Imagine if there was a way to double the number of volunteer sign-ups on your website which required only limited technical support, a small amount of time and no extra budget.
Imagine if there was a way to find out what your visitors want from your website without individually asking them, or to figure out which of those promotional images you should use on your next set of leaflets.
Well, imagine no longer – A/B testing, also known as ‘split testing’ and ‘conversion optimisation’, is here. Want to know how to make the most out of your website’s landing pages? Good, then read on.
Let’s start from the beginning. If you’re hoping to encourage volunteers to support your non-profit by registering their interest on your website, the odds are that you’re using landing pages. A landing page is a simple web page with one purpose and one purpose only – convincing your visitors to submit their personal details, such as their name, location and e-mail address, by filling out a form on your website.
Some landing pages offer freebies in return for the time that they’re asking their visitors to surrender. HubSpot, for example, uses landing pages to release e-books, webinars and other digital content which their potential customers will be more than happy to exchange information for. They can then add this to their database, send further communications to people who have opted in with their e-mail address and ultimately turn people in to paying customers.
These landing pages will become your greatest asset as a marketer who’s looking to drive volunteer sign-ups. ‘Volunteer’ is the key word – you’re asking people to volunteer their personal information, as well as their time, and so it’s important to optimise your landing pages to improve your conversion rate (the percentage of visitors who submit their details) on an on-going basis.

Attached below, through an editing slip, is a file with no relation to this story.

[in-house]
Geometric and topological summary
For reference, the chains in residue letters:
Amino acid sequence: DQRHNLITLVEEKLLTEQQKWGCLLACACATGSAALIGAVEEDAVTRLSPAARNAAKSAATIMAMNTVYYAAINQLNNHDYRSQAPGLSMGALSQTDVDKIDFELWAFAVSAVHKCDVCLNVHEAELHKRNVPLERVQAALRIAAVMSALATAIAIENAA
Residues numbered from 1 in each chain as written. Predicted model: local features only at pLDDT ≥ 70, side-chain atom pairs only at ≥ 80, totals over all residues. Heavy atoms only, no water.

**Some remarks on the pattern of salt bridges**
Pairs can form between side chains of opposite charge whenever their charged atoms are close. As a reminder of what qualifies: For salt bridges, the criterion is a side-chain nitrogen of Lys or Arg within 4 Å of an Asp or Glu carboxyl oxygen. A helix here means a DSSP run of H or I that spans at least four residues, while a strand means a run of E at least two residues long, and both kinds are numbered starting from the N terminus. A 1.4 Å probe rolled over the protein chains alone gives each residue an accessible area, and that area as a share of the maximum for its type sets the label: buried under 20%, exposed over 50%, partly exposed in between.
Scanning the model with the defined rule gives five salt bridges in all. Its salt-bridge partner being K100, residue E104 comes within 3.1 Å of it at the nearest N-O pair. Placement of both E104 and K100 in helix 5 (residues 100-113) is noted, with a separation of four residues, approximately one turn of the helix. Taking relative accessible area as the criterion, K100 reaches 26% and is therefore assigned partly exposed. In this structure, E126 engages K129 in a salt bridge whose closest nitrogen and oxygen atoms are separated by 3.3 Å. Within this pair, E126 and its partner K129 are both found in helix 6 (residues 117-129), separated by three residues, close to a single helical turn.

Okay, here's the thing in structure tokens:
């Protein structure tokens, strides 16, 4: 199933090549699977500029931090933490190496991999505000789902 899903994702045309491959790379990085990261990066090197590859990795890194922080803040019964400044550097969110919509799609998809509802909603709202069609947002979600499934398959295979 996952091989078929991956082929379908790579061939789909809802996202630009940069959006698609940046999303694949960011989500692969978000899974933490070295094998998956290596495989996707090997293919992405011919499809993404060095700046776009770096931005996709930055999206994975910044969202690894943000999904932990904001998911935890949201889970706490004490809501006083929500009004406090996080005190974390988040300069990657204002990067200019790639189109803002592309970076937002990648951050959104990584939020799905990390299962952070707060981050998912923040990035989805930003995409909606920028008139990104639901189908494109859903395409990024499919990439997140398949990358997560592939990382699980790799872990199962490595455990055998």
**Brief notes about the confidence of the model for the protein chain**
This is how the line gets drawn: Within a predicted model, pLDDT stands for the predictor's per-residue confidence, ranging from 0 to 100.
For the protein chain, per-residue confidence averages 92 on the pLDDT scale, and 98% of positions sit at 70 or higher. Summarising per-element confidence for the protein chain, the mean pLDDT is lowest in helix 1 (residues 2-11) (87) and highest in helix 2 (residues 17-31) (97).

This is where A/B testing comes in. Using Google Analytics, or other specialised testing software, you can randomly assign two slightly different versions of the same page to your visitors. You can then measure the percentage of visitors that go on to submit the form and pledge their time as a volunteer.
Like a scientific experiment, you’ll need to run a ‘control’ version of the page, which remains the same, and a test version of the page, which changes one variable. For example, you could try a different image, a different headline or a different call-to-action. The important thing to note is that if you change more than one variable at once, you won’t know which of the changes has made an impact on your conversion rate.
Once the test has conclusively determined which of the variants performs best, you can then use the best-performing version as your new landing page. Of course, it may transpire that your existing design outperforms the variants – in this case, you’ll want to stick with what you have and test something else. Otherwise, you can use your new variant as your control, and test a different element of the page.
By running these A/B tests, you’ll quickly discover what your visitors do and don’t like about your website, and you can use this data to streamline their visits in the future. Let’s say your current conversion rate is 5% – if, with careful testing, you increase that to 10%, you’ll receive double the sign-ups with the same number of visitors. It’s continuous, too – you’ll see the same improved conversion rate every month, and it should continue to increase exponentially over time.
Of course, if you can increase your traffic at the same time then you’ll see even more dramatic results – double your traffic and your conversion rate and you’ll see four times as many monthly volunteer sign-ups as you did to begin with.
How do you plan to use A/B testing to improve the number of volunteer sign-ups on your website? Have you tested your data already? Let me know with a comment!
Dane Cobain is a social media specialist for UK-based creative agency fst the Group. He’s also a gadget-lover and tech fanatic, as well as an internet addict.